Mirja Kivimäki’s comment in MTV discusses Finland’s chances of becoming a member of the UN Security Council and getting other top UN seats. The author notes that Finland has cut its funding for various UN Programmes during the last five years and says that the trend can be seen in a number of major programmes such as UN Women, UNDP, the Environment Programme and Unicef.
According to the author, the cuts reflect on Finland’s position in the UN in two ways. As the programmes and funding shrink, the number of Finnish experts working in these will decrease and Finland will gradually simply not be offering suitable people for top positions. In addition, the author raises the question of how the drop in funding affects Finland’s stature and the willingness of organizations to invest specifically in Finns in key positions. The answer to this is so political that no one can provide a direct one.
Media report that the previous training tasks for Finnish peacekeepers deployed in Afghanistan have changed to more dangerous security tasks. Chairman of the Foreign Affairs Committee Matti Vanhanen and Chairman of the Defence Committee Ilkka Kanerva say that the withdrawal of Finnish peacekeepers has not been discussed, even though the United States is planning to withdraw its troops from Afghanistan.
« The main task of the division is to protect the senior military leaders and advisers moving in the country, » says Brigadier General Rami Saari of the Finnish Defence Forces. In practice, protection means, for example, arranging convoys and preventing threats in areas where advisors move. In 2015, the Afghanistan crisis management operation became a support operation where Finnish troops trained the country’s security authorities.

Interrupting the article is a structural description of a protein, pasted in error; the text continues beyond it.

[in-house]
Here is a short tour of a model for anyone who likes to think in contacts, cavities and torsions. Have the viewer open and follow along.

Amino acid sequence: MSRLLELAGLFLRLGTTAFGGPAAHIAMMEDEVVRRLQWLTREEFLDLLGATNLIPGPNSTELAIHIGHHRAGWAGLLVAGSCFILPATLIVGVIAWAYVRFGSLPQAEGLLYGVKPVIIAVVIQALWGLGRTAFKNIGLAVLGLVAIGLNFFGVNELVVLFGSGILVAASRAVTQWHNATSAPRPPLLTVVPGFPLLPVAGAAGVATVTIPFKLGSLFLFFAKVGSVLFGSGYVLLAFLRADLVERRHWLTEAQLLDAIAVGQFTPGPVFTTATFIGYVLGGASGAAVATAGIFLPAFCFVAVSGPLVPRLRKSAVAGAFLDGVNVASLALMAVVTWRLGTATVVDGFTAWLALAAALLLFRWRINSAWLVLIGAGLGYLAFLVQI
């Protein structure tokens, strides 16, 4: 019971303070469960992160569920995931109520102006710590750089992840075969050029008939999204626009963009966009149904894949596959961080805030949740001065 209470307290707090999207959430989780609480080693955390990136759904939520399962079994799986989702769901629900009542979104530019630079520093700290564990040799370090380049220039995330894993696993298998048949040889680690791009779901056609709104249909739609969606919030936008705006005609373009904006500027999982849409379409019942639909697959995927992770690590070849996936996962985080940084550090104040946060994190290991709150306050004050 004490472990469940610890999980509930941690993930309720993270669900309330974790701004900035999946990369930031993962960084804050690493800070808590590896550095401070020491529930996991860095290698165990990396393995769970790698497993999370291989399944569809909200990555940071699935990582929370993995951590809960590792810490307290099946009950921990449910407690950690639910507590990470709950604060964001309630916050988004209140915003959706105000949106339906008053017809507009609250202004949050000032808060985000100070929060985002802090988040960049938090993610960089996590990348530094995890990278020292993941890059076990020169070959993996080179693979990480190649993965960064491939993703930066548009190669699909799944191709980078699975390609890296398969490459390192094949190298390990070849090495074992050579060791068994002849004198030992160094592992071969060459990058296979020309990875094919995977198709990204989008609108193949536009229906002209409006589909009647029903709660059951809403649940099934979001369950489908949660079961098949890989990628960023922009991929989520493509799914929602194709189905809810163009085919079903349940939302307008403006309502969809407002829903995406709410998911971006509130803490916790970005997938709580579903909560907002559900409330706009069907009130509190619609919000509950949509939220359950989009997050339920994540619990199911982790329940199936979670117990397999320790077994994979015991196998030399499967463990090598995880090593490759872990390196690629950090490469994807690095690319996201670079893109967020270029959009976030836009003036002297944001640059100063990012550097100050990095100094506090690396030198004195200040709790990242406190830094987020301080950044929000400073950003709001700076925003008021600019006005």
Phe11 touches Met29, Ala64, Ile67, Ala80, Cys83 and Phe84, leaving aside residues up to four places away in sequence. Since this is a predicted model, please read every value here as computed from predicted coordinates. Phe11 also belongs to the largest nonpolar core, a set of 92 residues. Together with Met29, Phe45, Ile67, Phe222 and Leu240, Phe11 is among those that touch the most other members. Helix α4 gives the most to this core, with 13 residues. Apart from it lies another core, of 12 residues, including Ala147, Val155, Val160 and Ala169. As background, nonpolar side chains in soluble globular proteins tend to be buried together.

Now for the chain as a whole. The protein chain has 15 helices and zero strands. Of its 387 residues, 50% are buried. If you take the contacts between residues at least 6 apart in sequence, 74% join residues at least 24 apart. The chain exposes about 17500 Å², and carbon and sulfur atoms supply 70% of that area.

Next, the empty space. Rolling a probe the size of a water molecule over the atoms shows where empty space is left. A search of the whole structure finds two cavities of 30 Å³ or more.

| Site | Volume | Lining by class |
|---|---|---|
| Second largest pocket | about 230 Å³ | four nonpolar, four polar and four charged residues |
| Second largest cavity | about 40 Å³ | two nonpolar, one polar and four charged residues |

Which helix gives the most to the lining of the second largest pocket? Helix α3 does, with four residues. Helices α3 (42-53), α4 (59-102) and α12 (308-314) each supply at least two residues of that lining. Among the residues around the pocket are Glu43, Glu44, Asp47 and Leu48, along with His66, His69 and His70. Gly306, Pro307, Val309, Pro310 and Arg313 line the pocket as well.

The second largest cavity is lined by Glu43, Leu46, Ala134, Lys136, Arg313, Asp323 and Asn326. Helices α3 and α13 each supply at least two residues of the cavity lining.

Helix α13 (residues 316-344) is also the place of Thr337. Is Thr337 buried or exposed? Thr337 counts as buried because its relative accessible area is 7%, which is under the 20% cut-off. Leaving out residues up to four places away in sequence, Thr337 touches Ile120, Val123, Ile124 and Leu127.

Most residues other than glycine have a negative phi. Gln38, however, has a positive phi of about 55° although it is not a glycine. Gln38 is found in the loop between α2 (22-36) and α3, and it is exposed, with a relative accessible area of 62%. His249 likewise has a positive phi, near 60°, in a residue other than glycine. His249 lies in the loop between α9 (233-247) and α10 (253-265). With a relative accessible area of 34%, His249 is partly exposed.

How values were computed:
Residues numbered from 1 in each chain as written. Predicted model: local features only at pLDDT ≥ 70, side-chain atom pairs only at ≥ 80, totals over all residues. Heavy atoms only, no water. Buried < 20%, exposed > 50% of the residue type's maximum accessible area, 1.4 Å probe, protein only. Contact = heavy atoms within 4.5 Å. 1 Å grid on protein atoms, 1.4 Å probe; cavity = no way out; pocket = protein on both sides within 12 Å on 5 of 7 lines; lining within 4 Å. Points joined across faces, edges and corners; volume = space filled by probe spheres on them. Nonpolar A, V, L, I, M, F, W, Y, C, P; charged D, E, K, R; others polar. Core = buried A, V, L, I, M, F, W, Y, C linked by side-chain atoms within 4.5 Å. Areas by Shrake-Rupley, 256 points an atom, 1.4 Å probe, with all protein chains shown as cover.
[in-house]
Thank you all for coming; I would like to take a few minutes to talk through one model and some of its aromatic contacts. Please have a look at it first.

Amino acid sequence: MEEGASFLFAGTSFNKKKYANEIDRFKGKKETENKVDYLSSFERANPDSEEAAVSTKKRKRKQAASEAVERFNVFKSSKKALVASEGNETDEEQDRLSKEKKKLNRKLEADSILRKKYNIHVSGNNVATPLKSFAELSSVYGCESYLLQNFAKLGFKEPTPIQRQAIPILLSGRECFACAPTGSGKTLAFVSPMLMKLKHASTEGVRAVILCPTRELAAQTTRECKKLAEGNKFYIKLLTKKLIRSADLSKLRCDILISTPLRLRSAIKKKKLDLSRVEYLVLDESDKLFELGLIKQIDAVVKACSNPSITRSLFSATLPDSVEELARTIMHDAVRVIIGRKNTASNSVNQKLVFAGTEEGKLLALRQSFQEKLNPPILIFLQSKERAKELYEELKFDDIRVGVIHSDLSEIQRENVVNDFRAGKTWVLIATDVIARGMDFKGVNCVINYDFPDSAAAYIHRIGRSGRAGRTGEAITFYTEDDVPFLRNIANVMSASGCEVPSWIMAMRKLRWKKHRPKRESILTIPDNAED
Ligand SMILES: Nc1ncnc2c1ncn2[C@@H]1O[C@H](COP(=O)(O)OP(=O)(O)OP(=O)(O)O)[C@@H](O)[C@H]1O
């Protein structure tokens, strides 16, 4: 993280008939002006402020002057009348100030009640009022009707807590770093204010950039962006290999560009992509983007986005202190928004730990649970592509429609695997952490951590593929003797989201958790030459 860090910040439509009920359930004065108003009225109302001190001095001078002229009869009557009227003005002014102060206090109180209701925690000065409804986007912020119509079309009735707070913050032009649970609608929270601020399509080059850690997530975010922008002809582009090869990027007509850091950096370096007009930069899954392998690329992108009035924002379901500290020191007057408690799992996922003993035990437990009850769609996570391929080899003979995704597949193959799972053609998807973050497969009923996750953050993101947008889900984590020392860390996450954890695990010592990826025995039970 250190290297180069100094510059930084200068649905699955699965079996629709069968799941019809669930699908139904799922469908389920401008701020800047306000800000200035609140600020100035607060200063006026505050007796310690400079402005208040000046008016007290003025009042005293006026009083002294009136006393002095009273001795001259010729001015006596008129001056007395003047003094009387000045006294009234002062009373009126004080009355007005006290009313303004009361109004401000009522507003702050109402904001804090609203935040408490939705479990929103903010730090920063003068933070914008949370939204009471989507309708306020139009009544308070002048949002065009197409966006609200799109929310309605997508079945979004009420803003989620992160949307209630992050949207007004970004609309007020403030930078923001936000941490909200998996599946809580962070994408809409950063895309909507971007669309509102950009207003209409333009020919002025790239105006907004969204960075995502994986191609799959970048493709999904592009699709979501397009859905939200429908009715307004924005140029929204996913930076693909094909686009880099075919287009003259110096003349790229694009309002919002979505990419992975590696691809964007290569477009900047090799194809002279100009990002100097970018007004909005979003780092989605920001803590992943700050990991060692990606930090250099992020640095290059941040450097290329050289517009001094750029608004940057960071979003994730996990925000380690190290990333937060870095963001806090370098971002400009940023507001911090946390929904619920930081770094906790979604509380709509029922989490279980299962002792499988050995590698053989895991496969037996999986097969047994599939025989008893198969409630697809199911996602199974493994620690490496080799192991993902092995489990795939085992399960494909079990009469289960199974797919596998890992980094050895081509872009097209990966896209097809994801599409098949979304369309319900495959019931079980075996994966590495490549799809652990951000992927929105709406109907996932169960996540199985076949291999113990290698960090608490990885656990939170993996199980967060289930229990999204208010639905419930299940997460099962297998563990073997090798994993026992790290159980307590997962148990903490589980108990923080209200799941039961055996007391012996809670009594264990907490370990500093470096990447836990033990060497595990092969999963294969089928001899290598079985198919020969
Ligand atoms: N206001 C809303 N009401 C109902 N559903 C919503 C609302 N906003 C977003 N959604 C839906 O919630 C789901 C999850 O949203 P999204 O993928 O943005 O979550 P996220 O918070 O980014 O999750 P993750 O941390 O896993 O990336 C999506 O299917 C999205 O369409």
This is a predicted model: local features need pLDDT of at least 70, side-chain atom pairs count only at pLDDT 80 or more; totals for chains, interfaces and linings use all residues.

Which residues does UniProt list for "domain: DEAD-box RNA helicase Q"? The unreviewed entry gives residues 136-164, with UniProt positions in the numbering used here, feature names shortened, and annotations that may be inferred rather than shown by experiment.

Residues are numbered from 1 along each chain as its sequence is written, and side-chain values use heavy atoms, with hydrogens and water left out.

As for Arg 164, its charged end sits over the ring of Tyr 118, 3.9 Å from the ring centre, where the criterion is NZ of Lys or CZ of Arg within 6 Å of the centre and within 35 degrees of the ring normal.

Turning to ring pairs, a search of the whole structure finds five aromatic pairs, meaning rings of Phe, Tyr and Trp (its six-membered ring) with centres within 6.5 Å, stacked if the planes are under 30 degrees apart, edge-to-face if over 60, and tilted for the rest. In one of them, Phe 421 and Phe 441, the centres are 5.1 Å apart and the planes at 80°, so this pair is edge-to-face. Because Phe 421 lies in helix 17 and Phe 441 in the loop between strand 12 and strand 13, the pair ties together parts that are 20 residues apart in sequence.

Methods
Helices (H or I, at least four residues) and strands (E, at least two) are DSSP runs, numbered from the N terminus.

At the turn of February-March, 20 new Finnish peacekeepers started in Afghanistan’s peacekeeping troops. In total, 60 Finns now serve in the country. The majority of the new peacekeepers are reservists, while a few are permanent personnel of the Defence Forces. Parliament decided to increase the number of peacekeepers in Afghanistan last June.
An editorial in Ilta-Sanomat addressed the current foreign policy issues involving Russia and stated that Russia lives in its own reality, despite the economic sanctions. Russian Ambassador Pavel Kuznetsov spoke at the Paasikivi Society in Finland on December 11 and maintained that Russia had no involvement in the GPS jamming at the NATO exercise in Lapland.
Kuznetsov accused the European Union, NATO and the US together and separately. According to him, the West is guilty of scrapping international agreements, the escalation of the situation in Ukraine and NATO’s enlargement projects at the Russian border. Kuznetsov accused Ukraine of « provocation » at the Kerch Strait.
Finland itself was not mentioned in the speech, but a familiar message emerged between the lines: Russia does not view favourably Finland’s possible NATO membership. The Finland-Russia relations have endured i.a. Finland’s participation in the EU’s sanctions against Russia. Applying for NATO membership could be the threshold after which Russia would re-evaluate its stance towards Finland.
Finland has a good dialogue with Russia, but it is still difficult to agree with Kuznetsov’s view that relations between the countries could return to the pre-Crimean crisis level. The confrontation between Russia and the West seems to be cemented in its current state with no relief in sight; especially given that the US Congress is awaiting new economic sanctions against Russia. Decisions on this will be made after the turn of the year.